School districts throughout the country are becoming more reliant on data to monitor student’s performance to insure that students are making adequate progress in accordance with No Child Left Behind law. Results from quarterly assessments are used as a key data component for the student. When this same data illustrates that a student may be at risk of failing in an academic area, a team of educators should create a documented intervention plan that helps that student to be successessful and to prevent them from failing.
This plan is known as Response to Intervention (RTI). Although this process was introduced in the 1070, s (Ortiz, 2006), it has been reshaped and reintroduced as a best practice to meet the needs of students today. Many educators are unfamiliar with the process or lack the training needed to implement it (Fuchs. 2009). In some cases, teachers bypass this important step, which can trigger the student who is at risk academically to behave inappropriately in class. At this time the student has both academic and behavior issues.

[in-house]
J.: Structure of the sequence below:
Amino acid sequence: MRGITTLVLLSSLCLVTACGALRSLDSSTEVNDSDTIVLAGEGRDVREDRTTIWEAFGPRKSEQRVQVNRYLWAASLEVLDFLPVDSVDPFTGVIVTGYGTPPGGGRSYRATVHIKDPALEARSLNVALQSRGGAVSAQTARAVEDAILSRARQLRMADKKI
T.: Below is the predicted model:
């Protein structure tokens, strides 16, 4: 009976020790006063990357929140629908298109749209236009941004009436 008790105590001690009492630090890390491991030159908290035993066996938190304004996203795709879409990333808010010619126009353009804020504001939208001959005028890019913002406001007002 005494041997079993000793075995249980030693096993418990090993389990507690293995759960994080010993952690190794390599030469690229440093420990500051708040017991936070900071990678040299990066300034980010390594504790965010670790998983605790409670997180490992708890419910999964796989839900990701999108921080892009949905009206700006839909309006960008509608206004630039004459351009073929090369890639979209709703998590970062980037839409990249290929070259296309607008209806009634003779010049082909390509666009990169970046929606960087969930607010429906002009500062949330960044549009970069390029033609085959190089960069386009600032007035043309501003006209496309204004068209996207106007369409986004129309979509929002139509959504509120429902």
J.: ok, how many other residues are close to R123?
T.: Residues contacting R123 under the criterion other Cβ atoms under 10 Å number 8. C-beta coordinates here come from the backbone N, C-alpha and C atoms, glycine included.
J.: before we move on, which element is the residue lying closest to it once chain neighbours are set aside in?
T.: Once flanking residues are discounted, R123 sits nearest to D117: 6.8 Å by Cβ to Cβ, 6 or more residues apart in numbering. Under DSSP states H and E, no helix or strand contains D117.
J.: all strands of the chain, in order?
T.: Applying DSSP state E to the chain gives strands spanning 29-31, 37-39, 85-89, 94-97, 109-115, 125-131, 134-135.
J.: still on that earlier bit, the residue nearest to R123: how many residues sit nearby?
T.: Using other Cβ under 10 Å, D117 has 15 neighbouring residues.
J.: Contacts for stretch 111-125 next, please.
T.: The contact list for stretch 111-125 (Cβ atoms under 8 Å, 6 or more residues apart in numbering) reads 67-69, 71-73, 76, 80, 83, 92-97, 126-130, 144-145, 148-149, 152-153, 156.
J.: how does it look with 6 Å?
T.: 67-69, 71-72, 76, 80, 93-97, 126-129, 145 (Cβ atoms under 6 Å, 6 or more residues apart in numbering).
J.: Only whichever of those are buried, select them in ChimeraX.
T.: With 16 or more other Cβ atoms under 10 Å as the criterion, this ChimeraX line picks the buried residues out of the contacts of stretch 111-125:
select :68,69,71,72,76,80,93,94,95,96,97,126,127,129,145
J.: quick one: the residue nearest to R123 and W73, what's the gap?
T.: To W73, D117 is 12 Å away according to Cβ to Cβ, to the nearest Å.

The chain reaction now starts to unfold, leading the teacher to believe that the student should be considered as candidate for special education, and in some instances the child is inappropriately placed in special education system. This may result in taking resources and place of anther child more in need of service. It is of high importance that all educators have knowledge of the RTI process to help those who are at risk and to prevent students from being placed in special education.
Response to Intervention is a process that implemented in stages, or tiers. Most Models have three tiers and the explanation of the tier process was consistent in each article I read. In tier 1, all students receive appropriate standards- based instruction of high quality, and include any classroom, grade level or school wide interventions, as well as monitoring and screening for potential problems. Tier 1 interventions are provided in the general education classroom. If the